The beautiful Hudson River Valley

It is little more than a one-hour drive along the Hudson River Valley to reach West Point from New York City. At the entrance to the military academy, you are required to stop at a small stone guardhouse. There you advise the sentry of your intentions to visit the hotel, and he or she will direct you to your destination atop a steep driveway to the right.

As you slowly drive up the hill, you are drawn to the many leaded glass windows of the fortification like building. You immediately sense that this is a special place, and it is.

The Thayer Hotel

Completed in 1926, the hotel is situated on a prominent bluff that offers breathtaking views of the Hudson River far below. As you walk the manicured lawn towards the adjacent woods on the riverside of the hotel, you will see many stone outcroppings – an assurance that the hotel, like the academy, is built on very firm ground.

There is a short marble staircase leading from the old wooden front door to the grand reception lobby. Flags decorate the overhead between the first and second floor of the hotel. There is a large fireplace directly across the room from the top of the entry stairs.

The whole picture is that of the interior of a castle or military fortification – yet at the same time, there is an extraordinary warmth about the lobby that is quite inviting.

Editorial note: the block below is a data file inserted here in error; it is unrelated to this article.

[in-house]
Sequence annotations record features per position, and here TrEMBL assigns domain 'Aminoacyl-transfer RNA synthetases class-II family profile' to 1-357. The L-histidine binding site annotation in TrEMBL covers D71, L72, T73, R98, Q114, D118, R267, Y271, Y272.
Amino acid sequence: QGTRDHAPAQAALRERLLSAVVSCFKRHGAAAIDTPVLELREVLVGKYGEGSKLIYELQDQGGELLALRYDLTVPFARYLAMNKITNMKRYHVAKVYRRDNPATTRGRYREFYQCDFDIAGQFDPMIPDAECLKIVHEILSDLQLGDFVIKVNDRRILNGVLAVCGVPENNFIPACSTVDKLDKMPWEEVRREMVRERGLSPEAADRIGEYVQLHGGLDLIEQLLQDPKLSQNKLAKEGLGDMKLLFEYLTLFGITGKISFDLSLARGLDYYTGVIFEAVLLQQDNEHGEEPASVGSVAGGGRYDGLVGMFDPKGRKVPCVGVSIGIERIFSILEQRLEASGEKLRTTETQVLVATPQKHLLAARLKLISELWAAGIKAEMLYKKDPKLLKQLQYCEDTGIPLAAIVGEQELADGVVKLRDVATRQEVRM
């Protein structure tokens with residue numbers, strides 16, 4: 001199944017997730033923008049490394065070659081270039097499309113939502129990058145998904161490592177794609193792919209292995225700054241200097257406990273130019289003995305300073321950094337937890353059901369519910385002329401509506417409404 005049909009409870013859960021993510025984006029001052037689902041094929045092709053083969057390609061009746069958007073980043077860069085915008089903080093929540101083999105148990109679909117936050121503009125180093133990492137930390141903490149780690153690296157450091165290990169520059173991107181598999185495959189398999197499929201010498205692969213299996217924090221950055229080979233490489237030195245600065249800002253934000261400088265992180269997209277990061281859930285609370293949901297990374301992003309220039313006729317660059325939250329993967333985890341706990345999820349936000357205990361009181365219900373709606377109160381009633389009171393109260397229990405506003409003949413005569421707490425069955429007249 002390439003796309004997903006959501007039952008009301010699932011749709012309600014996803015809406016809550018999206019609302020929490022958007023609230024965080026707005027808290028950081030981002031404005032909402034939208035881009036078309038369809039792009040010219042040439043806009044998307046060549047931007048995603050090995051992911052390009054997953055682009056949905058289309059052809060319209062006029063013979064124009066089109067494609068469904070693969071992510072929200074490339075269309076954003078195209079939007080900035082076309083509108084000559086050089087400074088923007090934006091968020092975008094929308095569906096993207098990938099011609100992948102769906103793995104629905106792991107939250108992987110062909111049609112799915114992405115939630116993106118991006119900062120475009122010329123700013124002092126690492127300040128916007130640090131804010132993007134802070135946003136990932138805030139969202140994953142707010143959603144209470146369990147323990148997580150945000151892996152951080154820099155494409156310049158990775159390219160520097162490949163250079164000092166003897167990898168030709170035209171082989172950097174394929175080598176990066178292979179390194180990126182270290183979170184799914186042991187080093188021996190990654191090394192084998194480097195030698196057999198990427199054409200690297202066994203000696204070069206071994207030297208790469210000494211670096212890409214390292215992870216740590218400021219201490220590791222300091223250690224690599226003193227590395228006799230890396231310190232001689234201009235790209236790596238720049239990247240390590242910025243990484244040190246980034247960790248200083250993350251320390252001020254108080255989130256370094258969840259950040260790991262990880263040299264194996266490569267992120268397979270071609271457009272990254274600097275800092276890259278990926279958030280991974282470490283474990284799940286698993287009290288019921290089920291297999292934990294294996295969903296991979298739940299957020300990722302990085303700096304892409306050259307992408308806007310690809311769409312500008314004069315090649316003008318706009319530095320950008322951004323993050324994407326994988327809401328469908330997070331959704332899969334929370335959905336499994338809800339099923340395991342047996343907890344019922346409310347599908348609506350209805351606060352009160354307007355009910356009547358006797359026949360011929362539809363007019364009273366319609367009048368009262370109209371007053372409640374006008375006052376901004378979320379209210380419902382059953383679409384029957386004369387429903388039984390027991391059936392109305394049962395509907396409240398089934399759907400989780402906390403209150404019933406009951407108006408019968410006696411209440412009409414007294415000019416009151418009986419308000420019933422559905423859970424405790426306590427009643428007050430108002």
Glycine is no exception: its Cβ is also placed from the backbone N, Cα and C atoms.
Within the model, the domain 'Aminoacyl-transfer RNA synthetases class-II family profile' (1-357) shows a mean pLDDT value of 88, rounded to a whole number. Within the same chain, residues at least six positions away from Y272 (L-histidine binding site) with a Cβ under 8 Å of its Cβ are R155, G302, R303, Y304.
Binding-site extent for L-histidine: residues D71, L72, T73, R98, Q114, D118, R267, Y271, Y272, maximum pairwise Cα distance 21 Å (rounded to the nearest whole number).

Guest Room Dedication Program

We were at the Thayer to attend a ceremony where a guestroom is named after a distinguished graduate of West Point. Honorees are selected from academy graduates that have made significant contributions to the United States and the world.

The dedication program is part of a recent multi-million dollar renovation at the hotel. The program is a work in slow and deliberate progress of the hotel’s 151 guestrooms.

Honoring outstanding United States Military Academy graduates

The officer being honored with a dedicated room at the Thayer at the time of our visit was General Roscoe Robinson, Jr., a 1951 academy graduate, and the first four-star African-American general in the history of the U.S. Army.

General Robinson served in both Korea and Vietnam. He was the recipient of many service awards in his 34 years of service to his country. In April 2000, the USMA named a new auditorium in his honor. General Robinson died at the age of 64 in 1993.

We had an opportunity to chat with a few of the cadets that attended the dedication. The experience was refreshing and left us with an appreciation for the caliber of our future military leaders being schooled at West Point. They are bright, dedicated, and most impressively, patriotic.

The room we occupied during our stay was dedicated to Dr. Thoralf M. Sundt, Jr. of the class of 1952. The walls of this guestroom are filled with great period pictures of Dr. Sundt as the cadet that later became a pre-eminent brain surgeon at the Mayo Clinic. Other photos include Dr. Sundt’s family and one of him with President Ronald Reagan who was a patient in 1989. Dr. Sundt was the subject of a segment on “60 Minutes” before his death in 1992. He was just 62 years old.

Great place for conferences and reunions